Valentine’s Day can evoke a range of emotions for people, depending on your relationships status and how you like to celebrate. It’s also a day that can have a big impact on the environment. Many typical ways to show affection, such as chocolates, flowers, or a night out on the town, may not align with your eco-values.
The National Retail Federation estimates that the average person spends approximately $186 on gifts such as candy, flowers, jewelry, greeting cards, and gift cards, with total spending on significant others expected to reach a record $14.2 billion in 2024. Consumer spending overall in 2024 was expected to hit a total of $25.8 billion for Valentine’s Day, according to the NRF, with 62 percent of consumers ages 25-34 planning to celebrate the occasion, more than any other age group. More than 145 million valentines get sent each year, according to Hallmark.
While all these sentiments are sweet, these cards and gifts can add up to a lot of waste.
So check out all of these ways to take traditional love tokens and make them environmentally friendly. By greening your gifts this year, you may even become more appealing to your partner. According to one survey, more than 69 percent of Americans consider eco-mindedness to be an attractive quality in a partner.
When it comes to gifts that come wrapped in packages or placed into vases, skip the excess packaging and look for organic, sustainable options.
Roses and flowers abound in February, but most US bouquets are shipped from far away places such as Ecuador and China, according to Local Harvest. All of that shipping has a large environmental impact. Emissions from the global shipping industry make up 3 percent of the world’s total greenhouse gas emissions. In addition, many large, industrial flower farms tend to use pesticides exposing both farmers and the environment to excess toxins.
Just as you might be more conscious about your food choices, get to know how your flowers are farmed, and choose organic and local whenever possible. Even if you are ordering online, look for greener options to sustainably buy flowers online, such as The Bouqs—an online company that delivers fresh flowers direct from sustainable farms.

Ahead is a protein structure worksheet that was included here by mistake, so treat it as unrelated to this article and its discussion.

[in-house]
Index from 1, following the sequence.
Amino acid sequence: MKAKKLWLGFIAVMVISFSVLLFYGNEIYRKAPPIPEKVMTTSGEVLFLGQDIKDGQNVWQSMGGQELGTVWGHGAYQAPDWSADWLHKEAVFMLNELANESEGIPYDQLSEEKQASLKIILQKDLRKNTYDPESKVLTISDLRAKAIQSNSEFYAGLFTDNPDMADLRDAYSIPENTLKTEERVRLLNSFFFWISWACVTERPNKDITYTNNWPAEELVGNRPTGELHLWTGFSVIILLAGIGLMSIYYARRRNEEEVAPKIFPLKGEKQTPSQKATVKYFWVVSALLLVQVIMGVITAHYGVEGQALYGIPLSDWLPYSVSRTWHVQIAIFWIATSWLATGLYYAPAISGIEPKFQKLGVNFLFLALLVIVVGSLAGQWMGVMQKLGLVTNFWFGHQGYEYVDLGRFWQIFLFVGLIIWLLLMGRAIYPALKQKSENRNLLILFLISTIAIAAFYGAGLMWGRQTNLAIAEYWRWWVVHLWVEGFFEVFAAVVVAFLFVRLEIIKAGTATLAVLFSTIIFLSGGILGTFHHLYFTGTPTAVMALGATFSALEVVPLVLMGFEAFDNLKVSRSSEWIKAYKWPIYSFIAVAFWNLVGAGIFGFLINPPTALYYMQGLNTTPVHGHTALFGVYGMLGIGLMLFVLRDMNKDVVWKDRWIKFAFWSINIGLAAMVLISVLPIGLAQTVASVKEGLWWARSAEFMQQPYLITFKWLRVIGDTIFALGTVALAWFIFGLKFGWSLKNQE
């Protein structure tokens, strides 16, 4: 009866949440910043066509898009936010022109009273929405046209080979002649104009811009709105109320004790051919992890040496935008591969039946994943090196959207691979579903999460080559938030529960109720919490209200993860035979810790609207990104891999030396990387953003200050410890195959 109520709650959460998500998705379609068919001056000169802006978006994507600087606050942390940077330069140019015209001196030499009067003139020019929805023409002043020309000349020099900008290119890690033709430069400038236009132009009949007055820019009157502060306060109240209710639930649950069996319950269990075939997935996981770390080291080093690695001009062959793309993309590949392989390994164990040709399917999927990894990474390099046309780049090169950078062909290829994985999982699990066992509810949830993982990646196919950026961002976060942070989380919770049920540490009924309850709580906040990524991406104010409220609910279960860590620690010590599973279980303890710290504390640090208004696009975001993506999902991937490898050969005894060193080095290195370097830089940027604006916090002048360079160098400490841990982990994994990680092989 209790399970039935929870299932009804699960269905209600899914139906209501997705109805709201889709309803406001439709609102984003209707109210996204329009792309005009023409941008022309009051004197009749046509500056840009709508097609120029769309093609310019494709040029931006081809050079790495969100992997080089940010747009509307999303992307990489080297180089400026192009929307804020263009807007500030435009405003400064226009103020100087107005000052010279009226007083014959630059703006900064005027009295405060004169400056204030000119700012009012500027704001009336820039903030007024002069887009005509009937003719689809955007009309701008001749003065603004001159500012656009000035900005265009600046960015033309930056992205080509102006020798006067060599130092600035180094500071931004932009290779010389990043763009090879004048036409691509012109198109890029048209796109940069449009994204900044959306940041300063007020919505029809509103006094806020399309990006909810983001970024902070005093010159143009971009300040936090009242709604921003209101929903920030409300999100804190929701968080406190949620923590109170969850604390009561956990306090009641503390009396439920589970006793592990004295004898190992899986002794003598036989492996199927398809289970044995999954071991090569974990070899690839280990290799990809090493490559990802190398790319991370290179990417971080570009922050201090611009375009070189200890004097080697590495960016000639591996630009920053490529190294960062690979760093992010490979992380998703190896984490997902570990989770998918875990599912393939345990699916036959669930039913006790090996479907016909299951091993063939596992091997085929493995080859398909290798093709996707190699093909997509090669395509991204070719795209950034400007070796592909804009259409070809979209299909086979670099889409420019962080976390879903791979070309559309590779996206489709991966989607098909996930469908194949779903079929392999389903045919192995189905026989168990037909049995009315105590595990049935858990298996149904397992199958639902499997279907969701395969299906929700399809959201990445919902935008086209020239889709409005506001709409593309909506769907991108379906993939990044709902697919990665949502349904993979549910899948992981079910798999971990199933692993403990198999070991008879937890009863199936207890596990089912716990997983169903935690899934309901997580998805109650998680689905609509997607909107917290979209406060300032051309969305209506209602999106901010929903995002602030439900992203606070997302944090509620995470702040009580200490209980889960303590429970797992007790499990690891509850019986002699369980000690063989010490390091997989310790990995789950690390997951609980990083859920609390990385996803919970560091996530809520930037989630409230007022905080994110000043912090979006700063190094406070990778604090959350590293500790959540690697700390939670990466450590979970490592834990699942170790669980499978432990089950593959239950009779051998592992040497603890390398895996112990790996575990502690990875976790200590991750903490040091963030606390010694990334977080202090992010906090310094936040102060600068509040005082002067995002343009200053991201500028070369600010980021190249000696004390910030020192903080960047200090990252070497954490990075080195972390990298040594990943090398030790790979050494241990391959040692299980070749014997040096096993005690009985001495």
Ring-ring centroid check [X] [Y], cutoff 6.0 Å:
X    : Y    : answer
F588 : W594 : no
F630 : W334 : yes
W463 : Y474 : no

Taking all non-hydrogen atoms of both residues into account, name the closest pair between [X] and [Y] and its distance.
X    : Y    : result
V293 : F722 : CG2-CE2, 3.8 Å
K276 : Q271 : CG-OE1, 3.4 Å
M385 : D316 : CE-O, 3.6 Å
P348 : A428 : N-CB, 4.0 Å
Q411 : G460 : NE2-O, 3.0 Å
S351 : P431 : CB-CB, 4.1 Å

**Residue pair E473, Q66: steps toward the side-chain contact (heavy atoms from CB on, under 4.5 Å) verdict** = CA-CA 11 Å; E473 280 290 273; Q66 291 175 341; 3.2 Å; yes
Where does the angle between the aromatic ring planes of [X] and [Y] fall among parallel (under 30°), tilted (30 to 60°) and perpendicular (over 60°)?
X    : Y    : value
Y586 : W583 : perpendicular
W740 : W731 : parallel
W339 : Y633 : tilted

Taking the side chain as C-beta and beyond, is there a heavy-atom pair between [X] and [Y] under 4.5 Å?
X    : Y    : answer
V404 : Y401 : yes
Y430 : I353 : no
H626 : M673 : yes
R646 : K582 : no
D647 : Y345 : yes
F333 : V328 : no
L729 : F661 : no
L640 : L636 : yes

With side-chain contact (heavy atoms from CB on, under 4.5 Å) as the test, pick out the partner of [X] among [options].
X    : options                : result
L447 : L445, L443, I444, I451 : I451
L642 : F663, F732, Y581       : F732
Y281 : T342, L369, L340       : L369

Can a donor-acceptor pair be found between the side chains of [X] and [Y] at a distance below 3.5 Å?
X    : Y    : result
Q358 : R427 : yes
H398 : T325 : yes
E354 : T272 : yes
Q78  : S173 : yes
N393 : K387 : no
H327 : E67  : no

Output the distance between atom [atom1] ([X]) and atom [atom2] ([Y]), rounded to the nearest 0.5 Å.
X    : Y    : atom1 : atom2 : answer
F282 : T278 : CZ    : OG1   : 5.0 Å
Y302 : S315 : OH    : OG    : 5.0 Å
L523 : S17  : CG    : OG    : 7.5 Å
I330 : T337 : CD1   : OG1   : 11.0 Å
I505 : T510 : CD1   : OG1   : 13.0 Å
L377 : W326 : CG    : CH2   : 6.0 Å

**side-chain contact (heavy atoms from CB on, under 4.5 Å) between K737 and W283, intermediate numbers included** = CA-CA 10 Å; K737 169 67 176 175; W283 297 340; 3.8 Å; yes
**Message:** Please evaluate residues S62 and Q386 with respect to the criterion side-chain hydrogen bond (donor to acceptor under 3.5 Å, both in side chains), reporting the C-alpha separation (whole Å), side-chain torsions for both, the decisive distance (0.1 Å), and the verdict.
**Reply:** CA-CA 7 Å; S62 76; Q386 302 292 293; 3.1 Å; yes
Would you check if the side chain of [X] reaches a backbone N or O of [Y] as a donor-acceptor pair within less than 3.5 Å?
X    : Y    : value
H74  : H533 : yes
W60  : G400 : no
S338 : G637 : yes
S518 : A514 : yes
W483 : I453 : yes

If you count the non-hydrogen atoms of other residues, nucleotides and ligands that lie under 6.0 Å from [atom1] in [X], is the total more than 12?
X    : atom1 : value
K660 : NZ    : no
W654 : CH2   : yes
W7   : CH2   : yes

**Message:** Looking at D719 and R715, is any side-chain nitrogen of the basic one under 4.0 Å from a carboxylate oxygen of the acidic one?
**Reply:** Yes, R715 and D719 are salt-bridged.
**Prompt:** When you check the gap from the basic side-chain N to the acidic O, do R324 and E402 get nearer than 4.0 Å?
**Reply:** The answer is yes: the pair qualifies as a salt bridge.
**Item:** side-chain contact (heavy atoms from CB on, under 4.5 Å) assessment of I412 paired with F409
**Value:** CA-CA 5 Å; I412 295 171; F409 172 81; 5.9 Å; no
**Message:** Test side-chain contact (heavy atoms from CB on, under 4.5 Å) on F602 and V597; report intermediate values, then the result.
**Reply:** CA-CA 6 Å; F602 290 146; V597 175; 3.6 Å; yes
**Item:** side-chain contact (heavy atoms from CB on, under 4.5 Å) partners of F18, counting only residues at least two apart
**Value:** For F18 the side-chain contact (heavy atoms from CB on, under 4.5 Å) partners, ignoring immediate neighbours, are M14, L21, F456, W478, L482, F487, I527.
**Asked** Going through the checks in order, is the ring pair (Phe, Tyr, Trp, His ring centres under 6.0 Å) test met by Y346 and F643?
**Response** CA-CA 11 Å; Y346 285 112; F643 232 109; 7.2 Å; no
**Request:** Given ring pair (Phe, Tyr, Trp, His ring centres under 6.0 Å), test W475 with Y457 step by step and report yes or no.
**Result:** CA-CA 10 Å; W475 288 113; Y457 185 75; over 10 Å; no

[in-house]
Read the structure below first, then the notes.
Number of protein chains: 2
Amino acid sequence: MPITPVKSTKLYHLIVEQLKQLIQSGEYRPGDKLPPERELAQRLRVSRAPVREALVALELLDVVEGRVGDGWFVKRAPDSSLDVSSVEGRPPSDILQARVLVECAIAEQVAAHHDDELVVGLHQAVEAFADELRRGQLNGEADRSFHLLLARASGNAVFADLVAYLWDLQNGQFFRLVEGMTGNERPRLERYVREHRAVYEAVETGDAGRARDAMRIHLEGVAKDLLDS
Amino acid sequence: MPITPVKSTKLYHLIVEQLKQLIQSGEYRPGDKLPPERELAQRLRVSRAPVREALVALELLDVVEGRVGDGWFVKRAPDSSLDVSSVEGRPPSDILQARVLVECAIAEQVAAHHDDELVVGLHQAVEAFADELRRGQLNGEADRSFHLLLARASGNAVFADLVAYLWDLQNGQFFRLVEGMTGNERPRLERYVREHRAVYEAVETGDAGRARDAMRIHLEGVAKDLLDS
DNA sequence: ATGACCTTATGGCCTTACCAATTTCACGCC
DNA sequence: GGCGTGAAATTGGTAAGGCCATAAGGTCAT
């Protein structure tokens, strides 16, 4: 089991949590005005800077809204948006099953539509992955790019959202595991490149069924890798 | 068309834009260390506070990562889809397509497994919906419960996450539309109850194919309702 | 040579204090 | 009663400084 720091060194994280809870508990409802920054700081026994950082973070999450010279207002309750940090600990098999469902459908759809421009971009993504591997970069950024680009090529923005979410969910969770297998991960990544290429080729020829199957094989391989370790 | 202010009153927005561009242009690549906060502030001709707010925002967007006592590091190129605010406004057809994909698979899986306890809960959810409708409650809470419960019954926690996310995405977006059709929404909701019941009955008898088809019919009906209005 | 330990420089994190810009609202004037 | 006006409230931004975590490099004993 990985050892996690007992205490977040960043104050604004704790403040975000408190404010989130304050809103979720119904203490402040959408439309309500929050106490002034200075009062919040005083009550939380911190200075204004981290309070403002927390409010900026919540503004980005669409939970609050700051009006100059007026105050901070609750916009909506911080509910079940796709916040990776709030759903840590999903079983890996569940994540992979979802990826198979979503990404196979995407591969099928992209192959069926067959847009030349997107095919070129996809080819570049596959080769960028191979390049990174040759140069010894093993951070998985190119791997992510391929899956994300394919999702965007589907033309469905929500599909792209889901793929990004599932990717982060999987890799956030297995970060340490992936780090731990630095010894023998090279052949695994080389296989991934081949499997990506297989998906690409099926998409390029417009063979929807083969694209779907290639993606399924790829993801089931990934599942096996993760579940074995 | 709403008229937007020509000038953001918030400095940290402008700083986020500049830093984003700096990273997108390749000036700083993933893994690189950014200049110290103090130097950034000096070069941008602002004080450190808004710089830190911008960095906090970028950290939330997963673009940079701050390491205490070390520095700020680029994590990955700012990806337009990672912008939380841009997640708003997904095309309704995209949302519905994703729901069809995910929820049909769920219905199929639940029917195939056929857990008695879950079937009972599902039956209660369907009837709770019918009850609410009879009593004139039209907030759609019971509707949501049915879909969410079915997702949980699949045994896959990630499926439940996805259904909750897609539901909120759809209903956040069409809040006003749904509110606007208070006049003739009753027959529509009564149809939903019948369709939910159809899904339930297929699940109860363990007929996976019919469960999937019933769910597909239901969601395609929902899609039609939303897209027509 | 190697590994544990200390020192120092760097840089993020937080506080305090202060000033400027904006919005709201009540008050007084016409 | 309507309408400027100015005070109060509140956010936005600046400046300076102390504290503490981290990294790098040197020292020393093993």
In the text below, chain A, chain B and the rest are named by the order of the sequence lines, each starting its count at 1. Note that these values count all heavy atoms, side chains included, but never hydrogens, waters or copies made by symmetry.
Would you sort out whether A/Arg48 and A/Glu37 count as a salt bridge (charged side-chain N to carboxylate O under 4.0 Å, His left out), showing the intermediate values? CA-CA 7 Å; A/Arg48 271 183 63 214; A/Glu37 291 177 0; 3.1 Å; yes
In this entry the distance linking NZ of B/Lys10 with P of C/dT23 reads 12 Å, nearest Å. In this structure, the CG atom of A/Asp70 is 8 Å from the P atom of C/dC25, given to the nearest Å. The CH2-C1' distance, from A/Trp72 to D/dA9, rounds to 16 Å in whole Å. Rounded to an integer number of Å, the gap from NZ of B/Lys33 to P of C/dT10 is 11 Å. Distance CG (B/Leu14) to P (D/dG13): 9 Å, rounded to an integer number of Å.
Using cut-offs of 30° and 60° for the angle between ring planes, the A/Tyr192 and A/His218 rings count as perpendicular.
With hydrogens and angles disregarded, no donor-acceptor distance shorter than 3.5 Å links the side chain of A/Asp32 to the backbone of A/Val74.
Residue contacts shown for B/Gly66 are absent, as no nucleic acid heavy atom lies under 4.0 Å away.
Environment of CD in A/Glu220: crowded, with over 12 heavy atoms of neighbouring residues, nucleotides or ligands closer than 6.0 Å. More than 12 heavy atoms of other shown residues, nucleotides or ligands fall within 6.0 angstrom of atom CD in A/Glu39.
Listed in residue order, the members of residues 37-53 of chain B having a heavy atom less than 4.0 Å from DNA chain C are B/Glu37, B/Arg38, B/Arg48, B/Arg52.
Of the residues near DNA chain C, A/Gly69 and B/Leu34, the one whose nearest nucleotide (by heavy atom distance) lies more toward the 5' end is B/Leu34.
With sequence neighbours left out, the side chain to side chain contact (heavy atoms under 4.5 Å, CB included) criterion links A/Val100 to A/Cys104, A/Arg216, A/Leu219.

When it comes to the sweet stuff like candy and chocolate, you can find vegan and raw options, along with fair-trade, organic, and locally made sweets. Look for labels that let you know how the chocolate was sourced and prepared, or use this list of what chocolate to choose and what to avoid from Rainforest Relief. For handcrafted treats from the Hudson Valley that are ethically sourced, check out Lagusta's Luscious in New Paltz. Their boldly flavored artisanal chocolates "combine a deep commitment to social justice, environmentalism, and veganism." Family-owned candy company such as Krause's Chocolates, with locations in Saugerties, New Paltz, and Rhinebeck, uses time-honored recipes and hand-dipping techniques for its 50 varieties of chocolates and candy treats.
For the ultimate eco-date, plan a day or night at an eco-friendly spa so you can be gentle on the planet and your body. Green spas provide an array of eco-benefits like environmentally friendly or organic skin care products, wellness programs, and rejuvenating treatments to help you relax and connect with your love. Find one near you at spafinder.com.
For a budget friendly option, create a spa night at home. Start by lighting eco-candles to avoid chemical scents and lead-based wicks that could release toxins into your home. Look for alternative chemical-free soy candles made with essential oils and lead-free cotton wicks. Hudson Valley Skin Care, with its lab facility in Pleasant Valley, sells its products in retail stores throughout the Hudson Valley and online. The woman-owned business offers a line of soy candles and locally sourced skin care products that are freshly made and not tested on animals. Find your favorite organic soaps there and fill your bath. You can even sip an organic champagne.
If you're feeling creative, you can make your own cosmetics using unadulterated, organic, and, when possible, locally grown ingredients. Dina Falconi, a clinical herbalist and author with a strong focus on food activism and nutritional healing, shares three recipe templates in this video that are the basis for the many moisturizing creams, aromatherapy oils, and salve recipes found in her book Earthly Bodies & Heavenly Hair.
If you want to go out to dinner, find a spot that is certified green by the Green Restaurant Association, which looks at many aspects of the restaurant including water efficiency, waste reduction, sustainable food and furnishings, disposables, and more. Or look for a menu featuring local, organic dishes.
If you’re celebrating Valentine’s Day without a partner, don’t spend the holiday alone or inside. If you're a nature lover and enjoy the great outdoors, finding a partner that shares the same interest is the first step in developing a lasting relationship. So think of spending more time at some of your favorite outdoor locations, such as your local farmers market, some of which are open year-round. Or join an outdoor club to go hiking or skiing for the weekend.
However you choose to celebrate (even if you opt to forget the whole day), remember to consciously consider the impact of your giving. Remember that one of the best gifts you can give is telling the people you love how much you care.